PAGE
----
The Bronze Age cemetery from Câmpina (Prahova county) Cover Image

Cimitirul din epoca bronzului de la Câmpina (jud. Prahova)
The Bronze Age cemetery from Câmpina (Prahova county)

Author(s): Andrei Dorian Soficaru, Alin Frânculeasa, Mădălina Frînculeasa, Cornel David, Negrea Octav, Bianca Preda, Monica Mărgărit
Subject(s): Archaeology
Published by: Editura Cetatea de Scaun
Keywords: graves; Late Bronze Age; pots; jewellery; inhumation; incineration

Summary/Abstract: County Museum of History and Archaeology Prahova has conducted archaeological research since 2008 inside the St. Nicholas parish precinct, Slobozia district of the city of Câmpina. The site identified here is placed on a high terrace at the confluence of rivers Doftana and Prahova, in the sub-Carpathian hills at an altitude of 500 m, near the Carpathian Mountains. After the archaeological research conducted in 2008-2010 in the south of the parsonage over 30 graves dating from the Bronze Age were discovered. Regarding the funeral rites both inhumation and cremation are present, the first prevailing. It is remarkable the diversity and complexity of rituals present in this prehistoric cemetery. Inhumation graves have rectangular pits with rounded corners. Pit depth is about 40-50 cm for inhumation tombs. For cremation tombs the bones were placed in small pits lined with stones, over which a small mound was made. Cremation burials were identified at 30-50 cm deep, while inhumation graves at 60-90 cm. Above the interred individual a mound of stone and/or soil was arranged, exceeding in size the dimensions of the pits. These mounds were visible and marked the graves. Some graves, both inhumation and cremation, were plated on the sides and bottom hole with rocks. In the case of cremation graves, the bones were placed, after they were collected from the pyre, in an urn (container) or fitted directly into the pit. The pieces of bone found in the inventory of such tombs show traces of secondary burning, which indicates that they burned together with the deceased. The buried deceased were laid down crouched on the right or left side, rarely on the back, their arms were taken to the front. They were oriented approximately east-west, head east or west. There are also two skeletons with the head oriented to the north. The grave inventory consisted of vessels, but also pieces of jewelry made of bone, bronze, amber, glassy paste, clay. The richest in terms of inventory are graves 2, 6, 7, 11, 14, 20, 27. There are graves with a pot or two, but also three cremation graves that have four pots and remains from other vessels. Most of the deceased had deposited in the area of the head (towards the face or neck) decorated or undecorated pottery. The most frequently encountered form is the cup with one or two raised handles. Bowls, amphorae and jugs are also present. Some of the pots from cremation graves were placed upside down. Ornaments occur relatively frequently in the inventory of graves. There are small parts, made neatly. On the left arm of the deceased in the tomb 26, who belonged to a child, is a small bronze bracelet. In a grave (M5) a bronze earring was found in the area of the right ear, two bronze earrings in tomb 20. In the same tomb were found three „pearls” of clay and four of green or white, translucent glassy paste. A small wand of bone was discovered in an amforoidal dish which was placed in a cremation grave (M27).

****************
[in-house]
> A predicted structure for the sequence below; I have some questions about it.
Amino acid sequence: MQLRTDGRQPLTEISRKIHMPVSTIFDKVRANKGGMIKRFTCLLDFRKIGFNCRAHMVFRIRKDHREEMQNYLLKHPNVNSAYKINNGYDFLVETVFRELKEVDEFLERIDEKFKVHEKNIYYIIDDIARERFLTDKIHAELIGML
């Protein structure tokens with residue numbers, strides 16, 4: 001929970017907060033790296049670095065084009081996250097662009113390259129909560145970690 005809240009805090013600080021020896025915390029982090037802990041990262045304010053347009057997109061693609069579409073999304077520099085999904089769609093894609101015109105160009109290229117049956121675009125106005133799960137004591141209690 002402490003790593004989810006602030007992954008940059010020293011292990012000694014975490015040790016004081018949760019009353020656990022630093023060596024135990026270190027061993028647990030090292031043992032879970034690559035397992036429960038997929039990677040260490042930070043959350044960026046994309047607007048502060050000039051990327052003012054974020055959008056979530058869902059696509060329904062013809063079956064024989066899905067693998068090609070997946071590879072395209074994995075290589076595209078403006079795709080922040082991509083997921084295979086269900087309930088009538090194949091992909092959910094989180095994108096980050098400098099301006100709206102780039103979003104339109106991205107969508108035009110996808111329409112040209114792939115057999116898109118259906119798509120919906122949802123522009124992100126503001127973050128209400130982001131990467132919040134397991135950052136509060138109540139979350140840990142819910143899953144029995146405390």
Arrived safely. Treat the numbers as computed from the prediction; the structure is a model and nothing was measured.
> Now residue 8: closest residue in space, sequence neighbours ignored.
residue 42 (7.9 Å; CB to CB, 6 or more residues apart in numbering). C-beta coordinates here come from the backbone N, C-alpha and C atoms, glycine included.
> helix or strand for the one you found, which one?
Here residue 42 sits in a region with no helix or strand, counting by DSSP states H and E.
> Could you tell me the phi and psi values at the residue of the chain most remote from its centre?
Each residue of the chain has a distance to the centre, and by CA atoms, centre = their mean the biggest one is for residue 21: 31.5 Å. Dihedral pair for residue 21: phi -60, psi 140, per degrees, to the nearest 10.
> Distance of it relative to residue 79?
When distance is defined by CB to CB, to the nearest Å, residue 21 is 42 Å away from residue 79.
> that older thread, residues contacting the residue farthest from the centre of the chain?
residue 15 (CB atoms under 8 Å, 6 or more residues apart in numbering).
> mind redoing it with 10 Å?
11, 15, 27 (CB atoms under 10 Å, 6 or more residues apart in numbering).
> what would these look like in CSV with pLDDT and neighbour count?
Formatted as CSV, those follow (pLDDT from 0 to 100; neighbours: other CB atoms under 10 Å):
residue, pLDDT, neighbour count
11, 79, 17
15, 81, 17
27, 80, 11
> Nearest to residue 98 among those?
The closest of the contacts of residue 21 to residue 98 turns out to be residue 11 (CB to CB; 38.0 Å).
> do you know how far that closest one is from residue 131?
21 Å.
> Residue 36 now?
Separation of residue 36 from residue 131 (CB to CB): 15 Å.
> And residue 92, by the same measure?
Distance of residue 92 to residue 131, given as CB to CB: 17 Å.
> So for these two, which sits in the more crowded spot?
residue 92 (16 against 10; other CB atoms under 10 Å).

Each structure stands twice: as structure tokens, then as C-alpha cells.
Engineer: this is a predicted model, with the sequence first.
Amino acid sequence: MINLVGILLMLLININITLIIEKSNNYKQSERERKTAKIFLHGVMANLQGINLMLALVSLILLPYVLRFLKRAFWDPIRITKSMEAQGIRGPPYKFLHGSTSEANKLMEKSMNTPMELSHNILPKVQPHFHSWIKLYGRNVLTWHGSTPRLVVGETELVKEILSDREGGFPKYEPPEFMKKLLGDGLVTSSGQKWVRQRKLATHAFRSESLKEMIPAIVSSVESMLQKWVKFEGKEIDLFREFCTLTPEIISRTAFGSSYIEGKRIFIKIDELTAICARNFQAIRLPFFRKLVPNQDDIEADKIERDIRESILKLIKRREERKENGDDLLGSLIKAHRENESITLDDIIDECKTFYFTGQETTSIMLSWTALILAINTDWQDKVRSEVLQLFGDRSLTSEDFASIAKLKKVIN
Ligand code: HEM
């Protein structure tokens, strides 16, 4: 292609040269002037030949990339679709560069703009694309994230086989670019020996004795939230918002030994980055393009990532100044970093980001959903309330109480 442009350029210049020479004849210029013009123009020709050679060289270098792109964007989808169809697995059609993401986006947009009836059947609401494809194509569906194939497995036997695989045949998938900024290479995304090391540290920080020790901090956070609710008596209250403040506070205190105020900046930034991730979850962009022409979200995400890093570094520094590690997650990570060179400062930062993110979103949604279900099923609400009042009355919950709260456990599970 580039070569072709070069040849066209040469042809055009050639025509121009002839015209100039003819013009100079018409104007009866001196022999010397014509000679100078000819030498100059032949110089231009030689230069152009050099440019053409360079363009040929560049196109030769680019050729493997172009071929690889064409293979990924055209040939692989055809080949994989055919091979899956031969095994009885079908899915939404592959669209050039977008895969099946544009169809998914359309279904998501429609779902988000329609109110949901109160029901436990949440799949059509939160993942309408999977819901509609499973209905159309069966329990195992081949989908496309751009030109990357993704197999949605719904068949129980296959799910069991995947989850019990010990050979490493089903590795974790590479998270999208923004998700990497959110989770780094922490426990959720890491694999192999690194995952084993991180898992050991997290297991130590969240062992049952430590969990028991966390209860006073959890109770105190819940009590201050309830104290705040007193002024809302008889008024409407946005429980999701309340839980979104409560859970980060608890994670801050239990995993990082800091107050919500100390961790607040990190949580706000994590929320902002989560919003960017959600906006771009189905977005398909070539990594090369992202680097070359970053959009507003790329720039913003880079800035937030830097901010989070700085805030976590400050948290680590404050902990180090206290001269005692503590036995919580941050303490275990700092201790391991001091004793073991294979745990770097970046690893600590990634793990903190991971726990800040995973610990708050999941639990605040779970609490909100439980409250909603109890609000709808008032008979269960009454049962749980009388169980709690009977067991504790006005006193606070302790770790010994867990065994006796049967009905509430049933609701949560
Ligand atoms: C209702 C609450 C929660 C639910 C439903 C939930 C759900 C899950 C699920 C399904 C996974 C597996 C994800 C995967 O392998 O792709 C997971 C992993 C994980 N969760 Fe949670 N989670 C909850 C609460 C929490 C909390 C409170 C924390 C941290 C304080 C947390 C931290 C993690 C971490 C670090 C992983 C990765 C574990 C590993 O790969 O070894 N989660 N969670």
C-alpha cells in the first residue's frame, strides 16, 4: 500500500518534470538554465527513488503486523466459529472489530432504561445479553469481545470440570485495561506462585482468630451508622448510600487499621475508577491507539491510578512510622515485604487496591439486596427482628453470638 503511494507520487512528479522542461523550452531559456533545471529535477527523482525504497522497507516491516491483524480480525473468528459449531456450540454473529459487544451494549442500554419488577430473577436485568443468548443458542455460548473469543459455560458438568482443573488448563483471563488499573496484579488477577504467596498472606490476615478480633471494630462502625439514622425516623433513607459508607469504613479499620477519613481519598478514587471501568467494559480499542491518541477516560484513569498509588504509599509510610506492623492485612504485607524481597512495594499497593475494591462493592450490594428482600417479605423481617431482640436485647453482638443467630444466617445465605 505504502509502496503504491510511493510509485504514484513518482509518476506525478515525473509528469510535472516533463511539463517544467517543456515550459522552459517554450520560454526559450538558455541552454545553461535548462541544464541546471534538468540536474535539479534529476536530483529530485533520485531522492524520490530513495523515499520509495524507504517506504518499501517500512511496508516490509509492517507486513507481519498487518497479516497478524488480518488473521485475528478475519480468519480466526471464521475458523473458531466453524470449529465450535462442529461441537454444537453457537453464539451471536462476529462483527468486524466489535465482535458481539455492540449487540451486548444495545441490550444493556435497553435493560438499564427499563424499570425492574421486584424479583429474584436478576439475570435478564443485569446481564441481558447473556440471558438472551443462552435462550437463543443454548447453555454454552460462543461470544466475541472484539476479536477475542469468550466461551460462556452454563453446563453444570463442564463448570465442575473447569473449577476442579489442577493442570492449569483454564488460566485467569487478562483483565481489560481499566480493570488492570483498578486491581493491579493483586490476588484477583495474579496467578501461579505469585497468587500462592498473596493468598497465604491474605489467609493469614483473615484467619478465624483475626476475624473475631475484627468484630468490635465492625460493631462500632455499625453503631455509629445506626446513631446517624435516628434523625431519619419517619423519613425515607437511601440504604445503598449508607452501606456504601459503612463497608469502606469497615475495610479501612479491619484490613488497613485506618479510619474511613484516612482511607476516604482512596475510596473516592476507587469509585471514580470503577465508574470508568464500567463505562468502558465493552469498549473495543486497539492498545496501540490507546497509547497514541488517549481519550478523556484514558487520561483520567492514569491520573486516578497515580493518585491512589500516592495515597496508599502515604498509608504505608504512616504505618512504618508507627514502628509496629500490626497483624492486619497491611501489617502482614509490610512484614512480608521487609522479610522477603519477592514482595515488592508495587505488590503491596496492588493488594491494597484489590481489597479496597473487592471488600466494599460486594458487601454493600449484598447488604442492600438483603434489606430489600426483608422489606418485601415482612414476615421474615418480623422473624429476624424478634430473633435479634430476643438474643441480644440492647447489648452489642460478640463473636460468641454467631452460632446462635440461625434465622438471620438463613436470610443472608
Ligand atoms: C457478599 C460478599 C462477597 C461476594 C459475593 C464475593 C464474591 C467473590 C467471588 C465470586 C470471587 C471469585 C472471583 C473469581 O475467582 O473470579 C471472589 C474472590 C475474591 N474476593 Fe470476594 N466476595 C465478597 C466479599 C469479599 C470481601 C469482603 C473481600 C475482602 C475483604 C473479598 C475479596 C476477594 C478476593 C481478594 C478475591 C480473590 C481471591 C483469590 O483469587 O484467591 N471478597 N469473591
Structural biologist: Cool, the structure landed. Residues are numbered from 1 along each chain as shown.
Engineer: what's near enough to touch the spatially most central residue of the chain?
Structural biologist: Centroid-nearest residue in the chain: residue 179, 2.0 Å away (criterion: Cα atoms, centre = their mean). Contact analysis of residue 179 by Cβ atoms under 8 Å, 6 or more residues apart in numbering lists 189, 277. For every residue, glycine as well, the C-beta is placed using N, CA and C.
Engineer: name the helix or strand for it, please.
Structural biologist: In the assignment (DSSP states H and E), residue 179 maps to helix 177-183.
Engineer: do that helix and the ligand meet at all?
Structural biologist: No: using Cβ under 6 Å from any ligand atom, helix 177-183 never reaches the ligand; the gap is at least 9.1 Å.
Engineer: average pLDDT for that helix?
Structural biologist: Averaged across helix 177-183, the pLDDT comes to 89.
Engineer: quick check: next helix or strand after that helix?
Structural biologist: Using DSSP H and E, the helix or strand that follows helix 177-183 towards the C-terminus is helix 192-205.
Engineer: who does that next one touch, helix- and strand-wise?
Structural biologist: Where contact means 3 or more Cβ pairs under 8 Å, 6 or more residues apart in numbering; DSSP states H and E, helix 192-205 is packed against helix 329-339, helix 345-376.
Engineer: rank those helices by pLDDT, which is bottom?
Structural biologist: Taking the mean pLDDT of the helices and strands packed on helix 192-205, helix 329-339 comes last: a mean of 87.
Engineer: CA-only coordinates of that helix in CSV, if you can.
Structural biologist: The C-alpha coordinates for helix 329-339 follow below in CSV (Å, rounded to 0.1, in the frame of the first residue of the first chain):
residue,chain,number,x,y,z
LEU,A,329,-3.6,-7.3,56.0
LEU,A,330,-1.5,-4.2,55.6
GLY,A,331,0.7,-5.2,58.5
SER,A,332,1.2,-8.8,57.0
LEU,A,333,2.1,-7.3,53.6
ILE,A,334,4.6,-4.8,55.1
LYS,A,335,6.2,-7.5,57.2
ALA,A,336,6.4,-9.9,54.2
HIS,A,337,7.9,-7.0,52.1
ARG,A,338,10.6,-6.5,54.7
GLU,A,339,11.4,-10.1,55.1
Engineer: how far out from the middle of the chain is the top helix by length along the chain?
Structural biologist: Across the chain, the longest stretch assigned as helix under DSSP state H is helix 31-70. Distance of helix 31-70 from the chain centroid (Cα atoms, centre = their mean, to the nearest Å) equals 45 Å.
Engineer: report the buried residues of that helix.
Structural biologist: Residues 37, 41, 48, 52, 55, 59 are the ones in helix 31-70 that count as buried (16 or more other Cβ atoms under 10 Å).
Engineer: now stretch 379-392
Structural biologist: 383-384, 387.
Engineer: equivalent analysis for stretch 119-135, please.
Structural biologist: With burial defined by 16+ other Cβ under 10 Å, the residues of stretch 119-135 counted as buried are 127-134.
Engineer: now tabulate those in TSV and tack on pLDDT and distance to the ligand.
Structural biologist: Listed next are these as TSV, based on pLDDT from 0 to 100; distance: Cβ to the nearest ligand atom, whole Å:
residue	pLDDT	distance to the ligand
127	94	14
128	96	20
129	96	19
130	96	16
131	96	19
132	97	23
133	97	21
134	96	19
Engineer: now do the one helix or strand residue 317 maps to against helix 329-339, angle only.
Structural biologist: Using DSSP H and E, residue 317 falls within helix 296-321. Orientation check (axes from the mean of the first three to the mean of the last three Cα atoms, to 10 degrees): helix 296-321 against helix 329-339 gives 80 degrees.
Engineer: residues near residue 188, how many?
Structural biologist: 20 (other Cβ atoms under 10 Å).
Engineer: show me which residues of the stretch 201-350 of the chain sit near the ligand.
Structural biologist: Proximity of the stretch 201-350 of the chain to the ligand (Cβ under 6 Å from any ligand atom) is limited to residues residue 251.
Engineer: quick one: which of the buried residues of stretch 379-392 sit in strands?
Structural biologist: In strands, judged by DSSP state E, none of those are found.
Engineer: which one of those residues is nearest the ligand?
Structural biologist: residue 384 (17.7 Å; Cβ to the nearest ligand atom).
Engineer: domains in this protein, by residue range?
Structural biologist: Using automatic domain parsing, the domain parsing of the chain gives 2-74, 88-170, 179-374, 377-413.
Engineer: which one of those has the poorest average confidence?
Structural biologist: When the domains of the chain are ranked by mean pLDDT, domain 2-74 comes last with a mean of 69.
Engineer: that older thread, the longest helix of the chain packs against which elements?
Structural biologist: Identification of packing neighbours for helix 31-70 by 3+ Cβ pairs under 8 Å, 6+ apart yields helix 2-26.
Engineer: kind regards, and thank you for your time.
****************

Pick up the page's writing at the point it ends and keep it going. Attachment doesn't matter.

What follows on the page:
• Issue Year: 2011
  • Issue No: 8
  • Page Range: 139-181
  • Page Count: 42
  • Language: Romanian